Sophisticated road-user charging, which takes account of emissions and miles driven, will not be introduced in London any time soon.
That was the message from the mayor of London Sadiq Khan and Mike Brown, London’s traffic commissioner, who said technology for the ultra-low emission zone (ULEZ) was their number one priority.
The mayor’s transport strategy, published last June, made a commitment for Transport for London (TfL) to investigate proposals for the next generation of road-user charging systems.
However, Khan told the London Assembly: “Our current focus is getting the technology right for the ULEZ.”
London’s ULEZ will come into force from April 8, 2019. It will replace the Toxicity Charge (T-charge), which was introduced last October.
The ULEZ will operate in the same area as the T-charge, alongside the congestion charge but (unlike the T-Charge and congestion charge, which are only in place on weekdays) it will operate 24 hours a day, seven days a week, 365 days a year.
Khan said: “We’ve got to think about making sure we can set car usage in relation to time of day, the emissions you’re churning out from your car and the number of miles you’re travelling. We have to think about how we make people pay for what they use.”
However, he said, with the ULEZ being launched next year, a more sophisticated road-user charging system for the capital was not their number one priority.
Brown admitted the technology was already available, but said: “What I would like to be in a position to do is have those options (of a more sophisticated road-user charging system) available within the next few years and then we can consider how they might be applied.”
Khan says TfL will work to make London’s entire road transport system zero emission by 2050 at the latest. This will be delivered through a phased approach, building on the introduction of the ULEZ and the T-charge.
Central London and individual borough town centre zero emission zones will be introduced from 2025, leading to a zero emission zone in inner London by 2040 and a London-wide zone by 2050.
Considering the change in emissions restrictions this would bring, London deputy mayor for transport Val Shawcross said any system would need to be able to adapt to change.
She explained: “One of the most important things that we’ve got to do with the next generation of technology is make sure it is future-proof.”
However, Green assembly member (AM) Sian Berry claimed the mayor and TfL were stalling on its introduction. She told Khan: “I am worried you’re going to leave this up to your successor and it’s going to become a political football.”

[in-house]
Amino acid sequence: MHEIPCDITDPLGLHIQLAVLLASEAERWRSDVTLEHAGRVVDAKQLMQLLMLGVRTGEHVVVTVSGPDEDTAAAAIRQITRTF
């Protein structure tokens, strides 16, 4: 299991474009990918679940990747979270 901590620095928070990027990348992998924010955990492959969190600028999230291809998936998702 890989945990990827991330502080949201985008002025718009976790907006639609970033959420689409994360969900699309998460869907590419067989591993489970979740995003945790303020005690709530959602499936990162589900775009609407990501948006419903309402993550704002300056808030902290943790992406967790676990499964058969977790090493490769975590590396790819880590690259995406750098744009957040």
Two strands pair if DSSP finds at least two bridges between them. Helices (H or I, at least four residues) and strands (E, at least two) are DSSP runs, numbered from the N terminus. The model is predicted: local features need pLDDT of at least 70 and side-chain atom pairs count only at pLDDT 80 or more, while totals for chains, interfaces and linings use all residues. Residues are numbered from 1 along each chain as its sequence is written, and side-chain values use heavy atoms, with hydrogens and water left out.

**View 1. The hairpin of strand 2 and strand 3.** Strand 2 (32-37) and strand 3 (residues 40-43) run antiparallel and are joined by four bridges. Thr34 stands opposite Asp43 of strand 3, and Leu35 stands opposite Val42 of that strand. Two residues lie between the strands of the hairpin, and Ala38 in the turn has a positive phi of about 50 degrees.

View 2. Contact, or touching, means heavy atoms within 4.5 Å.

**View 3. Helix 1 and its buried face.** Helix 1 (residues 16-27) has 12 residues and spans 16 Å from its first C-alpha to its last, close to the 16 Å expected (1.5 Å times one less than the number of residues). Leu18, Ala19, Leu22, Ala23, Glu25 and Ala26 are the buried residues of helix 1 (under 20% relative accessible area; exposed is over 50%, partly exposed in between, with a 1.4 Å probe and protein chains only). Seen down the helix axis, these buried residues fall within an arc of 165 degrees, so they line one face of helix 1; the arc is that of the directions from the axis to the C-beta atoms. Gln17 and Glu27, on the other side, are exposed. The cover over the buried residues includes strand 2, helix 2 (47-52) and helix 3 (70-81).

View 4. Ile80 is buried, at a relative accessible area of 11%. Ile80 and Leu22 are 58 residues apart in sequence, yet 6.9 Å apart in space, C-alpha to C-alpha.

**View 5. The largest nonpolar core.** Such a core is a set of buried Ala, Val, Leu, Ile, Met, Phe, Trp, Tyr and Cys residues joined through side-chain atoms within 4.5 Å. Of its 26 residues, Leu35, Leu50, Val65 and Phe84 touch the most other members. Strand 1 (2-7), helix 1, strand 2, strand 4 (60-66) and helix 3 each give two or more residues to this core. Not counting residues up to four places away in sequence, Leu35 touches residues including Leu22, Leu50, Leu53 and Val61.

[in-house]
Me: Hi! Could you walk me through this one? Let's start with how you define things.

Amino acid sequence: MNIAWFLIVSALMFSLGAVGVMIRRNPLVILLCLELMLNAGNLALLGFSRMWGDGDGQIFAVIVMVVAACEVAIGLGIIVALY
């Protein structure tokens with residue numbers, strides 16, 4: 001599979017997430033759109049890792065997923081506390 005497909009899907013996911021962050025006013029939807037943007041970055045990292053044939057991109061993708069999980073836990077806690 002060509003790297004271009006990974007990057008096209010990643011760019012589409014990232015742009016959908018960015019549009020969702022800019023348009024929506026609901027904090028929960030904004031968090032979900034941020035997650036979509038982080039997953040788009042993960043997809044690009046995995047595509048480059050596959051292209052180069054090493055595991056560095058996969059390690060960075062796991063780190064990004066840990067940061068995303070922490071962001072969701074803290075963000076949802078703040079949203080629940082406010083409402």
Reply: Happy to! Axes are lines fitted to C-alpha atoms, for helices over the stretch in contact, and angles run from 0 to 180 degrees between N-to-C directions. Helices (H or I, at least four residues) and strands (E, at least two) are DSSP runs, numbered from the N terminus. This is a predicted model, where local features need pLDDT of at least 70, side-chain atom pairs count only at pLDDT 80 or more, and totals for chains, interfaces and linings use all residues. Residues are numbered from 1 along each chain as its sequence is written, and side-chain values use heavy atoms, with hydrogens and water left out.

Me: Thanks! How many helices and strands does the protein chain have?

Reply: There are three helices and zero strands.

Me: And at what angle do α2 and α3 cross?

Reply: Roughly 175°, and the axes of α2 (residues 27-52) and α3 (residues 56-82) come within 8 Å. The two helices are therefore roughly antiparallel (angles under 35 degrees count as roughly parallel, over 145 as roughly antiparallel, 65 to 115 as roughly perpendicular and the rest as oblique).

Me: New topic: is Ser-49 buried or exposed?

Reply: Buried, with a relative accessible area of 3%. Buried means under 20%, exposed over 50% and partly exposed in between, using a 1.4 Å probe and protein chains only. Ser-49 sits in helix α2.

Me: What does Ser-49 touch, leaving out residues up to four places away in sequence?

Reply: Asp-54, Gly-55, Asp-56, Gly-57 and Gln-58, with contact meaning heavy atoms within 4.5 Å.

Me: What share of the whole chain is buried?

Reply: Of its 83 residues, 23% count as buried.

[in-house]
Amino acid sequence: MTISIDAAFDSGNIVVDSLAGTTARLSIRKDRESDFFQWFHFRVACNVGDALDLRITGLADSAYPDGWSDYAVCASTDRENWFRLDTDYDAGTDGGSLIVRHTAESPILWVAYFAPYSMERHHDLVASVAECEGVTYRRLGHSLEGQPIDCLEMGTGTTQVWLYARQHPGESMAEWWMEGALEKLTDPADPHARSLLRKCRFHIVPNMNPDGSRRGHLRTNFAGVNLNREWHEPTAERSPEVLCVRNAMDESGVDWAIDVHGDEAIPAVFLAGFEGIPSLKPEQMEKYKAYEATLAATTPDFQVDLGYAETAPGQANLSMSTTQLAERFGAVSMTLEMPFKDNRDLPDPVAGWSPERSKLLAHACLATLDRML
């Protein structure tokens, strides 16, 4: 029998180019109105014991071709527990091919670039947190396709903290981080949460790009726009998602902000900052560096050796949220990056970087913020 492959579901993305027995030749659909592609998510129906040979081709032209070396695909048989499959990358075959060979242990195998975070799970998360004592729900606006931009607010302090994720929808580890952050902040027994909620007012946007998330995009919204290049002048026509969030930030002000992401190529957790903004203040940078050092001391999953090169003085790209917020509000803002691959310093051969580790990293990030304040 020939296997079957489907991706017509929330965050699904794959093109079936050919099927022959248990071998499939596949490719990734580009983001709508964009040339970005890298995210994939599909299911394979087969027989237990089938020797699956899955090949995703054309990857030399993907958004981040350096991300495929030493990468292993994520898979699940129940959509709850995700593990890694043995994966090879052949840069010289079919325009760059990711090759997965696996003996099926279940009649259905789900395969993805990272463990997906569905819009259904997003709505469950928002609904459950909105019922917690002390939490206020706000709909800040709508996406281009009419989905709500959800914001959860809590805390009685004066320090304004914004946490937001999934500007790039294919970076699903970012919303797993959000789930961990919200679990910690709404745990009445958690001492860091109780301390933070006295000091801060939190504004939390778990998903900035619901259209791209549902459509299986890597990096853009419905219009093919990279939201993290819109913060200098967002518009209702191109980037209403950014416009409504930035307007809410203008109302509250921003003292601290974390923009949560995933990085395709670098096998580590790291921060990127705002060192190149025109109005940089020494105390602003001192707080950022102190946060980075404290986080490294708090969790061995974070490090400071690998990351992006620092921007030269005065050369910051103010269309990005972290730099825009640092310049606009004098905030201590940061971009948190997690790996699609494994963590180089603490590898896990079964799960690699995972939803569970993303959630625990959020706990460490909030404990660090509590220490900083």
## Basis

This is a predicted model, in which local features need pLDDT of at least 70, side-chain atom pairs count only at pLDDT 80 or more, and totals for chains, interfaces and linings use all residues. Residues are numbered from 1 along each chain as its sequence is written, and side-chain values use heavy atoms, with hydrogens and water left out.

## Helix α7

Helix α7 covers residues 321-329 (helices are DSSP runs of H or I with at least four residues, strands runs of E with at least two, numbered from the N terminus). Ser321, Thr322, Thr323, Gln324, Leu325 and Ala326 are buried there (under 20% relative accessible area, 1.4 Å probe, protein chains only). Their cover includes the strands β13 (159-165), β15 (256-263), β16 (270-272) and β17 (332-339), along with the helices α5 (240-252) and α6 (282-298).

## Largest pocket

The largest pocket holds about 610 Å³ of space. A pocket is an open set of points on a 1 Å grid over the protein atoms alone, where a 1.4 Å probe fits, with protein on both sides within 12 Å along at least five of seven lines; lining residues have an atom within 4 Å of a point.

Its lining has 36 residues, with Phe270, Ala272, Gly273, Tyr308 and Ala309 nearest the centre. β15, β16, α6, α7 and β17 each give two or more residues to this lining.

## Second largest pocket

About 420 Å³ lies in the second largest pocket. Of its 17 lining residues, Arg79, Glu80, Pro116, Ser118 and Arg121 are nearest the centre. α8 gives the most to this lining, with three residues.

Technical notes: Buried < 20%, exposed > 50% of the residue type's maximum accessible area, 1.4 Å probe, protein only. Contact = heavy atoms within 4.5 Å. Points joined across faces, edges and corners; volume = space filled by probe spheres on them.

Khan was facing questions from the London Assembly on his draft transport strategy, where he was also told he and TfL need to do more to discourage vehicle idling in the capital.
Some London boroughs have started fining motorists if they leave their engines running when they park up. ‘Air marshals’ patrolling Westminster have been able to issue motorists with an £80 penalty charge notice since June. A similar scheme in Camden started this month.
Meanwhile, Vehicle Idling Action, a London-wide campaign involving TfL, was launched in October 2016, to educate motorists by talking to offenders rather than fining them. The campaign is funded by the mayor’s air quality fund.
Caroline Pidgeon, Liberal Democrat AM, said: “If every car, van, taxi and lorry driver stopped idling it would not end air pollution in London, but it would certainly make a real difference and a difference that could be quickly and easily made.
“The mayor and TfL need to step up their activities and ensure that idling of vehicles and the unnecessary pollution they create becomes a thing of the past.”
She proposed a motion, which was agreed unanimously by the London Assembly, to encourage action to tackle air pollution by reducing the idling of all road vehicle engines – including private cars, taxis, private hire vehicles, public sector vehicles, buses, coaches, vans and lorries.
Tom Copley AM, who seconded the motion said: “I am calling upon the mayor to push TfL to deliver more ambitious and effective policies to reduce engine idling, alongside implementing a more extensive public awareness campaign to dissuade road users from allowing their vehicle to idle and exacerbate London’s poor air quality.”